The short answer is no – not without significant regulations such as major emissions penalties or an outright ban of vehicles powered by the internal combustion engine.
I recently watched an excellent webinar, Consumers and the Battery Electric Vehicle (BEV), hosted by the Center for Automotive Research with great individual presentations from Mike Dovorany of Escalent and Britta Gross of the Rocky Mountain Institute (RMI).
One thing that really stood out for me was Mary’s opening salvo that in order to achieve climate goal targets, the US would need to reach 50 million (or about 1/5) of vehicles in operation being electric by 2030. I found the genesis of this forecast in a December 2019 Rocky Mountain Institute blog by Britta, 1 in 5 Cars Need to Be Electric by 2030: What Will it Take?
According to the RMI blog post, “… that even if the electric grid were on a path to achieve 75–85 percent of clean energy production by 2040, 15–20 percent of global light-duty vehicles would need to be electrified by 2030 in order to limit global temperature rise to less than 2°C and avoid the most catastrophic effects of climate change (and ensure that our cities are cleaner and more livable for billions of people around the world).”
The transportation sector accounts for 28% of US greenhouse gas emissions with light-duty (passenger) vehicles comprising 59% of the transportation emissions. Medium- and heavy-duty vehicles account for 29%, according to the EPA.
Also according to the EPA, the number of vehicle miles traveled (VMT) by light-duty motor vehicles (passenger cars and light-duty trucks) increased by 46.1 percent from 1990 to 2018, as a result of a confluence of factors including population growth, economic growth, urban sprawl, and periods of low fuel prices. During the webinar, Britta Gross said that in addition to needing 50 million vehicles to be electric by 2030, the US needed to reduce VMT by 30%.
Electric Vehicle in Operation (VIO) Forecast
Having recently done some simple forecasts of my own, I wanted to dive into the RMI numbers and also assess how likely it is that we can achieve the RMI target. First, by my conservative scenario forecast, there will be a total of approximately 317.3 million vehicles in operation (VIO) by the end of 2030. Applying RMI’s 15%-20% target of total vehicles in operation that would need to be electrified to my VIO forecast and I arrive at from 47.6 to 63.4 million. (50 million VIO applied to my 317.3 forecast would equate to 15.8%.)
I then wanted to see what it would take to reach 50 million (or close to it) EVs in operation by the end of 2030. I started with a forecast of reaching 1.7 million EVs in operation by the end of 2020 and then applied a rather arbitrary but realistic YOY growth rate for 2021 of 42%. I then applied a variety of increases in growth rate each year through 2030, but ended up using an annual increase of 1.5% on top of the 42% YOY increase in 2021. This resulted in reaching approximately 48 million electric VIOs, which is at the lower end of the 15% RMI minimum requirement. (This is or course a rather simple model, but it is intended just to show the level of sales growth needed to reach the RMI target.)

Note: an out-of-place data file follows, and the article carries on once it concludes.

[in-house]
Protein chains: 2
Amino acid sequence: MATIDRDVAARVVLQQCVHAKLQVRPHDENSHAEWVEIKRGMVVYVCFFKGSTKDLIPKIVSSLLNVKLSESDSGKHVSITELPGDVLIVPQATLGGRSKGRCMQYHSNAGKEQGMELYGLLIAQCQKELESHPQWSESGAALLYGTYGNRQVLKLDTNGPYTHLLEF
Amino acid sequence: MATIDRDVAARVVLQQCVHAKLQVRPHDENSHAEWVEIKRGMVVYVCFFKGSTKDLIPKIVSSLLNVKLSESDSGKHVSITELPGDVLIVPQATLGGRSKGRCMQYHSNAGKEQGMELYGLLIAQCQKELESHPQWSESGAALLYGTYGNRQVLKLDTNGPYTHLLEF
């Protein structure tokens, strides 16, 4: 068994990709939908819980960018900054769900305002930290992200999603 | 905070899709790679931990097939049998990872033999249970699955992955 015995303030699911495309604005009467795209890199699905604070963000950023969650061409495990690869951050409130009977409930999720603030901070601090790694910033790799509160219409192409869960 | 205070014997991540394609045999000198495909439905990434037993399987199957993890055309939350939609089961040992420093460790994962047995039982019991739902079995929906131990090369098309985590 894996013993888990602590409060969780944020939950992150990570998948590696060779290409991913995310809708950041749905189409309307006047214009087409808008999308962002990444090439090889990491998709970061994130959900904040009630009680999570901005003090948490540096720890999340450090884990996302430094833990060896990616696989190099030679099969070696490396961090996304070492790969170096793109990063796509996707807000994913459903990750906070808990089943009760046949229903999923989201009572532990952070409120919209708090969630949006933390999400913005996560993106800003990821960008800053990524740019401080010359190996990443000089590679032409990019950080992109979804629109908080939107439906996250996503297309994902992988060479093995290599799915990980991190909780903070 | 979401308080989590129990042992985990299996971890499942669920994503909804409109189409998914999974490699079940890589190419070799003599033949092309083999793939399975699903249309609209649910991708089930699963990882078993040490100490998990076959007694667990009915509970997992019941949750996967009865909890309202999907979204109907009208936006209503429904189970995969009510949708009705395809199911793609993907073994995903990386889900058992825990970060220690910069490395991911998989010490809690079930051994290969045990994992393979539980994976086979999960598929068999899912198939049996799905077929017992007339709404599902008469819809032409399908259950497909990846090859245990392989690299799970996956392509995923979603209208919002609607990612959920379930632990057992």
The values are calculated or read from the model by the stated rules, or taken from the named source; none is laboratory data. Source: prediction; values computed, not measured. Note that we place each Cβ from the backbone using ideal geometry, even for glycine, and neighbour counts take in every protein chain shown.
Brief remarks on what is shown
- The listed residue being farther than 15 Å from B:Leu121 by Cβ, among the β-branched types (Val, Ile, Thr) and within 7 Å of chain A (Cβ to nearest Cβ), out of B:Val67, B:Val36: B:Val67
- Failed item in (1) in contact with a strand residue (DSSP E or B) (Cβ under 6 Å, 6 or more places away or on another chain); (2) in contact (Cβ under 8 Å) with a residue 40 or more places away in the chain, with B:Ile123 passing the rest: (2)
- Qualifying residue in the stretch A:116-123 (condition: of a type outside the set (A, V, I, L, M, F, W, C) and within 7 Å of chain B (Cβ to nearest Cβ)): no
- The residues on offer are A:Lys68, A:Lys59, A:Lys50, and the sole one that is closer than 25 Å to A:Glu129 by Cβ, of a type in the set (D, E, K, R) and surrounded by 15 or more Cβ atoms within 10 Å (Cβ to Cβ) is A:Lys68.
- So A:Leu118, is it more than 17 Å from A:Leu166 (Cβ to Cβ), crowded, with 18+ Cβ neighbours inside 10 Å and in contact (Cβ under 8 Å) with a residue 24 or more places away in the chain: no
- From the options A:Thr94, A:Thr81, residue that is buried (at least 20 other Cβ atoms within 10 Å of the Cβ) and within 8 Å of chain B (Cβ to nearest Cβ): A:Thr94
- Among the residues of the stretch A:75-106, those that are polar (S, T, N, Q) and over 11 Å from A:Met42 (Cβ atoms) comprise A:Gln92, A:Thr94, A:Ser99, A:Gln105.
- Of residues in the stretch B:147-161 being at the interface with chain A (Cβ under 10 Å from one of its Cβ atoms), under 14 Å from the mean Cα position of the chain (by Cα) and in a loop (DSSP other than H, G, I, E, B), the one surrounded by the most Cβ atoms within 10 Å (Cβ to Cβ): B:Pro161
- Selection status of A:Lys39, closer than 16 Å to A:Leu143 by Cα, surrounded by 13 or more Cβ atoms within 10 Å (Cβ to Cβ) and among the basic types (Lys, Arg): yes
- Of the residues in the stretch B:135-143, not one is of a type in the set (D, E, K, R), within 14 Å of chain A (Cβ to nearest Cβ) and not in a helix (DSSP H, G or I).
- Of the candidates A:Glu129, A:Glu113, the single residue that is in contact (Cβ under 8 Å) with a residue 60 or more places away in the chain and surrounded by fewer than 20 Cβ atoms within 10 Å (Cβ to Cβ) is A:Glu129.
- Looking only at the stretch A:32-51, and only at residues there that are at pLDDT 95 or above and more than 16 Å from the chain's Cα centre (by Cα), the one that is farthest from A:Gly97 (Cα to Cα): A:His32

In the above scenario, EVs as a percentage of new vehicle sales would climb from roughly 2.2% at the end of 2020 to more than 99% in 2030. In simpler terms, this means we would reach 99 out of 100 new vehicles sold in 2030 from only 2 out of 100 in 2020. The inflection point would basically begin around 2026 with a 17.5% new vehicle sales share and then increasing significantly the next four years.
In the above chart I show the comparison of EV sales as a percent of new vehicle sales (blue line) and the YOY growth rate of EV sales (green line) it would take to reach nearly 50 million (48 million) EV sales by the end of 2030.
Are 50 Million EVs in Operation By 2030 Possible?
So back to the original question I posed in the title of this blog. Reaching 50 million electric vehicles in operation by the end of 2030 is not technically impossible, but it is very unlikely without government regulations that would force the automakers to transition their fleets to at or near 100% electric this decade.
Deloitte, the global consulting firm, projects that the US will reach 27% EV sales share of new vehicle sales by 2030. That is well short of the 99% in my forecast of what it would take to reach 50 million electric vehicles in operation. And assuming new vehicle sales of 16.5 million in 2030, Deloitte’s 27% forecast equates to 4.5 million in EV sales that year.
And JP Morgan compared forecasts for total electric vehicles in operation globally from several organizations and saw a wide range of from 2% to 20%.
Let’s look at some other forecasts from a few other organizations:
- Edison Electric Institute (EEI) forecasts 18 million EVs on US roads in 2030.
- Boston Consulting Group projects that global EV sales will reach 24% of new vehicle sales in 2030.